Minoru Genda - 7 December 1941 - Pacific , Imperial Japanese Navy On 3 March 1969, the U.S. Naval Institute made history (and generated no small degree of controversy) when it hosted a talk by retired Japanese General Minoru Genda, a “mastermind of the Pearl Harbor attack,” at the U.S. Naval Academy. Genda spoke to a packed house that included more than 750 midshipmen as well as active-duty and retired officers and numerous members of the Naval Institute. The former foe’s presence had generated a firestorm of criticism, from letters in local newspapers to impassioned oratory in the halls of Congress. What many who were outraged didn’t realize or acknowledge was that Genda had become a highly respected friend of America by then and had even been awarded the U.S. Legion of Merit by the Joint Chiefs of Staff in 1962. In this historic talk, Genda served up personal reminiscences about his naval career and his role in Japanese strategic planning in the buildup to World War II and the attack on Pearl Harbor. (He also displayed a penchant for Sun-Tzu.) In the question-and-answer period following the talk, his candid comments about the atomic bomb would end up landing him in political hot water back home in Japan.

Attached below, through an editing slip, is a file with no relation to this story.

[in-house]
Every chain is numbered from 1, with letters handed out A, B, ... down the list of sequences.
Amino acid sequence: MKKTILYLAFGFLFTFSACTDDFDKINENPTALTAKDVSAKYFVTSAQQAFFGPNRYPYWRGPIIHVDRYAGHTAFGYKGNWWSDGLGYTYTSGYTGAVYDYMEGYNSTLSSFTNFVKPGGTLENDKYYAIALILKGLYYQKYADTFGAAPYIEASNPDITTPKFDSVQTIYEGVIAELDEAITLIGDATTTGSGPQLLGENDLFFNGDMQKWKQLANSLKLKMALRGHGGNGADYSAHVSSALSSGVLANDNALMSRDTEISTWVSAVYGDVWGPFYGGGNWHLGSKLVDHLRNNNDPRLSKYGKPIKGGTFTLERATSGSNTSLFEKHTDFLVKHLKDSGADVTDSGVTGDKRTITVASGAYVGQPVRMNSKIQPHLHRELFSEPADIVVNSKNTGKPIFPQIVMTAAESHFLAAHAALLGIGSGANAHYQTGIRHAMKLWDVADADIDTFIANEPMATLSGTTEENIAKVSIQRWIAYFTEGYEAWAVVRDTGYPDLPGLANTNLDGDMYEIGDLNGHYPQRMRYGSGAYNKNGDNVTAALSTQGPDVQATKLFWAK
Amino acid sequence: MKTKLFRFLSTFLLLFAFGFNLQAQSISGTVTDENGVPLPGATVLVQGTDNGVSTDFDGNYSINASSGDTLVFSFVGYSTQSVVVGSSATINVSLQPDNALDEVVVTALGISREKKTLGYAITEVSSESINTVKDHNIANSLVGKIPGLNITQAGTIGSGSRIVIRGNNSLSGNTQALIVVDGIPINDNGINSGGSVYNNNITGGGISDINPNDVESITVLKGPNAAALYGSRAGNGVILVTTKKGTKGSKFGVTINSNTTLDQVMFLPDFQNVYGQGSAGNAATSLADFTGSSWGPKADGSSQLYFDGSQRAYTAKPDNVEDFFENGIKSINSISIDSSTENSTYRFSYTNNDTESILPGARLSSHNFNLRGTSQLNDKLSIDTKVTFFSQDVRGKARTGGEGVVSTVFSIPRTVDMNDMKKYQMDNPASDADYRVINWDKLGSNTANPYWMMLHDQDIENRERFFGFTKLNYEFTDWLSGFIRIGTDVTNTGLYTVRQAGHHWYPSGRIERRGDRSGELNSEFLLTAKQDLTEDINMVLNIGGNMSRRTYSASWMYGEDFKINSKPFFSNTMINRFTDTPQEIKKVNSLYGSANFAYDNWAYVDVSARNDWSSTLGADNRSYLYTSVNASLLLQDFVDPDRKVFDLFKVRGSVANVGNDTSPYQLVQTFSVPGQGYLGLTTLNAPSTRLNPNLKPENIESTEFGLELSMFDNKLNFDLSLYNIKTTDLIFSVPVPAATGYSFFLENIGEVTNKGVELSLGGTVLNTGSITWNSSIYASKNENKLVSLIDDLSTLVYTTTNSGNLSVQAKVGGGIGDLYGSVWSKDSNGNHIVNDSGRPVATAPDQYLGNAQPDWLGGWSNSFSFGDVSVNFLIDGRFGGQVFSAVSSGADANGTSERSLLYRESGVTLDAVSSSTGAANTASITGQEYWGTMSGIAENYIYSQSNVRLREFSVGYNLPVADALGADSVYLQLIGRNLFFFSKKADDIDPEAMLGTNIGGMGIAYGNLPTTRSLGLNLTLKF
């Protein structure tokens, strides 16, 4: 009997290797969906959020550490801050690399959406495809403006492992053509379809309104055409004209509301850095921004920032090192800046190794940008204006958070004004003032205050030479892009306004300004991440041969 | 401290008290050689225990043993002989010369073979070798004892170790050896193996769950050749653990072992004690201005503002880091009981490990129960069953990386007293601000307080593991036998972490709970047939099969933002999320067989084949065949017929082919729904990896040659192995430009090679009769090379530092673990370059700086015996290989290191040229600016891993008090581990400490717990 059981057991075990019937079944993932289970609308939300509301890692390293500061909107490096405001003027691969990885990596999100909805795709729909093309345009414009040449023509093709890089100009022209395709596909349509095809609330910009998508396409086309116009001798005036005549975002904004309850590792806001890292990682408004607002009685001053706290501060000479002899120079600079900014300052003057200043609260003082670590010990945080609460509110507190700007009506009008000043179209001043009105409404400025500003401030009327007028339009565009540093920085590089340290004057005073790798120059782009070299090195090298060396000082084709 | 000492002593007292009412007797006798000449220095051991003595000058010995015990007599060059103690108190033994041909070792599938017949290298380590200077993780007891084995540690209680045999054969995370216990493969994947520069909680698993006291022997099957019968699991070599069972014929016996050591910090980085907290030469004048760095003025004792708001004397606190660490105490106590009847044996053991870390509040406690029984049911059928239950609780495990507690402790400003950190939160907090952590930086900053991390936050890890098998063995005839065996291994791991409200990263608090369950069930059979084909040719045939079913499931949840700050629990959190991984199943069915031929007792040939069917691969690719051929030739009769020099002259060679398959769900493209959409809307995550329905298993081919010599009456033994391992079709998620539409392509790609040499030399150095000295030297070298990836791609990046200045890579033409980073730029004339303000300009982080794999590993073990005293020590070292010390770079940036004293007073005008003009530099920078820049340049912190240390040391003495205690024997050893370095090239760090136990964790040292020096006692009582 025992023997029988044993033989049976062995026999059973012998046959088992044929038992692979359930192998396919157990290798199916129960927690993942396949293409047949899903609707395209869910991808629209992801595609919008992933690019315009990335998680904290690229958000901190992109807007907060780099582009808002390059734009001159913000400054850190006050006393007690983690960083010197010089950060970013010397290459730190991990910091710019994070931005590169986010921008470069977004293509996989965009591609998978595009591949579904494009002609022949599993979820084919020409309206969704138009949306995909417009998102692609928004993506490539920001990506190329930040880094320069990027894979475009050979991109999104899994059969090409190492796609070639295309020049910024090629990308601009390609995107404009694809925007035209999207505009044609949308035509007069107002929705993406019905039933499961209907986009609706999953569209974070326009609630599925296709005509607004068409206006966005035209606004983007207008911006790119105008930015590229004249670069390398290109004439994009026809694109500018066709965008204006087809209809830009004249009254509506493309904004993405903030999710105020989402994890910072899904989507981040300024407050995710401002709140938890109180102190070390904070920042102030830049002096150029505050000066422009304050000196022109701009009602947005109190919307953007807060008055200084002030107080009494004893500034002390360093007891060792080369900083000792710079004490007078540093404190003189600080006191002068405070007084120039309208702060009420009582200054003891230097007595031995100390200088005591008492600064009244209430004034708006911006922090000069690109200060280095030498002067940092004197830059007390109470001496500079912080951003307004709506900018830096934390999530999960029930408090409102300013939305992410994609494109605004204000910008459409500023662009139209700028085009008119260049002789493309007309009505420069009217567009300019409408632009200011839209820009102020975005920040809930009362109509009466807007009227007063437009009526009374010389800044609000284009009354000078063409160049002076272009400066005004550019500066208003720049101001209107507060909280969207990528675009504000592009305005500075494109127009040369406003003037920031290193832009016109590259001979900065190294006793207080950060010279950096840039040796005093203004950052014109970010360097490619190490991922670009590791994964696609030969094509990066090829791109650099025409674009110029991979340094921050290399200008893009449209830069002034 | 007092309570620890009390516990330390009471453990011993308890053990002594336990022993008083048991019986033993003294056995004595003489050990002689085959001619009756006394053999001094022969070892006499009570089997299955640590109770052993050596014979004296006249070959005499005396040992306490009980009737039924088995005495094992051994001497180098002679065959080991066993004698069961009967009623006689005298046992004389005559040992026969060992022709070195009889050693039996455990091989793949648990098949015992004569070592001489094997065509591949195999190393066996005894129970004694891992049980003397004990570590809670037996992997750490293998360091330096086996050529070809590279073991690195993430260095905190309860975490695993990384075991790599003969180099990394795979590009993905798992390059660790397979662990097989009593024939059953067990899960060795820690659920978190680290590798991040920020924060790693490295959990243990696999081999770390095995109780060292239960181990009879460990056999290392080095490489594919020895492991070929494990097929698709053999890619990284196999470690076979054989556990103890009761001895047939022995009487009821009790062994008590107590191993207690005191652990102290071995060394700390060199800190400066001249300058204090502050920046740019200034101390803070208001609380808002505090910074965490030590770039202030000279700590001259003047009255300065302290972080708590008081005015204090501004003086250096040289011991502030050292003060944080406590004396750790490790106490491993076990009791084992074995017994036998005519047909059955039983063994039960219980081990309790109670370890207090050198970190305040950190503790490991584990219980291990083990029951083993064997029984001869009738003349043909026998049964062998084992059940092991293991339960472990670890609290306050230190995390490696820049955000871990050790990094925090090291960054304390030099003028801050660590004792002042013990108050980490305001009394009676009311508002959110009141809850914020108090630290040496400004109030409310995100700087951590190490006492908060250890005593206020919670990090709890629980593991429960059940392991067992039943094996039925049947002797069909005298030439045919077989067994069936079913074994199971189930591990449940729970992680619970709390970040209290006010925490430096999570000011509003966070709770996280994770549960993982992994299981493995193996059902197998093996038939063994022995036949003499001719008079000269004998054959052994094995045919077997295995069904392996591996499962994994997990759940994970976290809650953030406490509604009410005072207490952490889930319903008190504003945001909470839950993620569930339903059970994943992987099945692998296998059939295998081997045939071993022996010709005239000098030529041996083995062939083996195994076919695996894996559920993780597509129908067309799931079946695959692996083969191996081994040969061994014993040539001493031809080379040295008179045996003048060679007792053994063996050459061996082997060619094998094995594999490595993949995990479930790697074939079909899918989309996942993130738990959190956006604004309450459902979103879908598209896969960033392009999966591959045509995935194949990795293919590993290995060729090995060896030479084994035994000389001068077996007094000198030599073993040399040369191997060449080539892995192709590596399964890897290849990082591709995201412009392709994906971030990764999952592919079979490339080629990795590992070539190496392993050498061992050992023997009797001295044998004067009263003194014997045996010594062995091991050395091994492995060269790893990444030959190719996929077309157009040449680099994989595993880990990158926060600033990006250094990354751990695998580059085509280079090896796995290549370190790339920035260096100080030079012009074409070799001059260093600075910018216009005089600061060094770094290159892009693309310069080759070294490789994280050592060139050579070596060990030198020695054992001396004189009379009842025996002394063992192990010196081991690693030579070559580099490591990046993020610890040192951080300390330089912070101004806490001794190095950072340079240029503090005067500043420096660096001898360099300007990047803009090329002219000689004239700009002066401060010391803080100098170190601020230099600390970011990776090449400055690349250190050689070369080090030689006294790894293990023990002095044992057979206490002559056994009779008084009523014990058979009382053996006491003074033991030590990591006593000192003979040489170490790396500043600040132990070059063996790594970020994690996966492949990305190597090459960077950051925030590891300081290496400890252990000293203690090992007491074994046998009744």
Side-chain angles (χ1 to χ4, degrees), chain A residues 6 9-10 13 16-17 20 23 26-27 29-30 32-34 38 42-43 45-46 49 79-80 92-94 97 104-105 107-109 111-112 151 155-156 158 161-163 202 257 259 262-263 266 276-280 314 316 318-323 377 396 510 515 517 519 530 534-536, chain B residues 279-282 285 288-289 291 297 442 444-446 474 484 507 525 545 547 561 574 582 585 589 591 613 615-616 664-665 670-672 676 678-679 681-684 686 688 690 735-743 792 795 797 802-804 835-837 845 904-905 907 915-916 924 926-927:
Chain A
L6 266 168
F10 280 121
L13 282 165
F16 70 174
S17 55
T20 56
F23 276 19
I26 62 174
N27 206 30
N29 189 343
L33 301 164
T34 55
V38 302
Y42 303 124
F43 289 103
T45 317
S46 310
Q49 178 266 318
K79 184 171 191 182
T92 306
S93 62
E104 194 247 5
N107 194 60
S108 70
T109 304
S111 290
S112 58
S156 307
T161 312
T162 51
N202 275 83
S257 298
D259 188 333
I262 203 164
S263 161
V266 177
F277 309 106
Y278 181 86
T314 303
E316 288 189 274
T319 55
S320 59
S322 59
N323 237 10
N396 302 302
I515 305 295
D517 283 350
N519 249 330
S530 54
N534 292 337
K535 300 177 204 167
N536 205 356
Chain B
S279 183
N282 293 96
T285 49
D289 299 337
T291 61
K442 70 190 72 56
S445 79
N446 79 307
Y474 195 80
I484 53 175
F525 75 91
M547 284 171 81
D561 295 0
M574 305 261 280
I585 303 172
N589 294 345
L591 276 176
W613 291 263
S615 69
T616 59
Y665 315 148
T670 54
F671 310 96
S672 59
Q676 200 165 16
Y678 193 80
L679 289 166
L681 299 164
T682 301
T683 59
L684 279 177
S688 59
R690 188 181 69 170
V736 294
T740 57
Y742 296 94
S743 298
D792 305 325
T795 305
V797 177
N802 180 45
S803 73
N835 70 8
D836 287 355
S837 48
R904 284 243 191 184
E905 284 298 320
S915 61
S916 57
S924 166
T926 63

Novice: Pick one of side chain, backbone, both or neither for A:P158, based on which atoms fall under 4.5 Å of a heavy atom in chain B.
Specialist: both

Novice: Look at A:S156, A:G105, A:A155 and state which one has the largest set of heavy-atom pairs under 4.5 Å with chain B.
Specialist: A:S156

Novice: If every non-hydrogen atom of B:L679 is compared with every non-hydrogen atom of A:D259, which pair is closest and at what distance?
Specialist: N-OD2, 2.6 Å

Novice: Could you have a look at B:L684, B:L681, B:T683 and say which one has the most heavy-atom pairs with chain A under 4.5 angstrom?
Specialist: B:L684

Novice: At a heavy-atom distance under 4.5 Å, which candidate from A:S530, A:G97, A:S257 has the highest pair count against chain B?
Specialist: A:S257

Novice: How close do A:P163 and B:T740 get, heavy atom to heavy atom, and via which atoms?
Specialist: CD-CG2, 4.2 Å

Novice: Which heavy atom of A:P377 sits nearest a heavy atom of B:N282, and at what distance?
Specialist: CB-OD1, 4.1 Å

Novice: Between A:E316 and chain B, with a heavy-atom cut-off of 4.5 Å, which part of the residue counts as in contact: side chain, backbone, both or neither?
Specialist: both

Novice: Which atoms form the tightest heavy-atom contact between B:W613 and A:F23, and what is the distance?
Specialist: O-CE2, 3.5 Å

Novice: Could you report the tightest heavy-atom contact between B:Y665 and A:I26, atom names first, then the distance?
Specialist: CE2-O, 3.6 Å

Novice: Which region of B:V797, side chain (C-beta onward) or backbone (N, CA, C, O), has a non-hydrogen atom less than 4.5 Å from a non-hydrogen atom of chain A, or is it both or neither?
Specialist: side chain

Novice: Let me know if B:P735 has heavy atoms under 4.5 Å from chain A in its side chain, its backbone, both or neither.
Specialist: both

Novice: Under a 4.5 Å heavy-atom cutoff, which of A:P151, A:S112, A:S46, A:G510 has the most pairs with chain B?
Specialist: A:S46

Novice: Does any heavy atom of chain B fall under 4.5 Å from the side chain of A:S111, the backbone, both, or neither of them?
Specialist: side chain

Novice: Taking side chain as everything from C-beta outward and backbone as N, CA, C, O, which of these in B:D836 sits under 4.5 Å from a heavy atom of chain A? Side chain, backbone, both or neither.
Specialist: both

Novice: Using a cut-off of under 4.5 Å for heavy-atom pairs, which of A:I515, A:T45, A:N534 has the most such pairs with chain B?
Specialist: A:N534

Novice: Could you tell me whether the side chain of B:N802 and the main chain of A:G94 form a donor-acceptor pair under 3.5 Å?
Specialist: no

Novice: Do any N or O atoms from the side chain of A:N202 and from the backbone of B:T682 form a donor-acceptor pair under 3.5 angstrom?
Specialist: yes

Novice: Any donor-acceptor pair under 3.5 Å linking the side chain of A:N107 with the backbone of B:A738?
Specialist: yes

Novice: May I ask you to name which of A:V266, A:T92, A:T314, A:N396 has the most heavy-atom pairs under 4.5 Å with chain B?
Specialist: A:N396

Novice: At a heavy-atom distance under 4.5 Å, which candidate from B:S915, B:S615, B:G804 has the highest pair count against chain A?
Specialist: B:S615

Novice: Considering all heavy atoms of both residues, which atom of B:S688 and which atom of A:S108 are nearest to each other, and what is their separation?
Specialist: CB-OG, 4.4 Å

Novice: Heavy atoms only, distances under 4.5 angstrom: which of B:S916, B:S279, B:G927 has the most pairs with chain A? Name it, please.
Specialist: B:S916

Charles Thomas Hibbett - 1875-1913 - North Atlantic, Mediterranean, South America, Philippines , Medical Corps This is the never-before-seen memoir of the U.S. Navy surgeon Charles Thomas Hibbett (1851-1930), who served from 1875 to 1913. Though this was ostensibly written for his daughter Alice, about age 23 at the time, Dr. Hibbett occasionally addresses "the reader." His first wife, Florence Wilson of Petersburg, died in September of 1892 when Alice was less than one year old. No mention is made of Alice's care or living situation during Hibbett's extended absences. He did not remarry for several years; his second wife, Gladys McDow (1883-1974), of Nashville was some 30 years his junior. The document was only recently discovered, and has been contributed to the U.S. Naval Institute Memoir Collection by the the descendants of Dr. Hibbett. More details on him follow: Charles Thomas Hibbett was born in Castalian Springs, Tennessee, on 23 November 1851. He attended the University of Virginia and Jefferson Medical College, obtaining an M.D. degree. He served in the US Navy as a surgeon from 1875 until 1913. He died 30 March 1930. He was married in 1886 to Florence Wilson of Petersburg (1866-1892). Their daughter and only child Alice Coke was born 3 November 1891 in Norfolk. Alice married Henry Edwards Mecredy of Roanoke on 29 September 1914 at Farmville, Virginia. Her only child, Henry Edwards Mecredy Jr., was born 2 June 1916 (died 8 September 2006). Alice died on 14 April 1919 in the postwar influenza pandemic.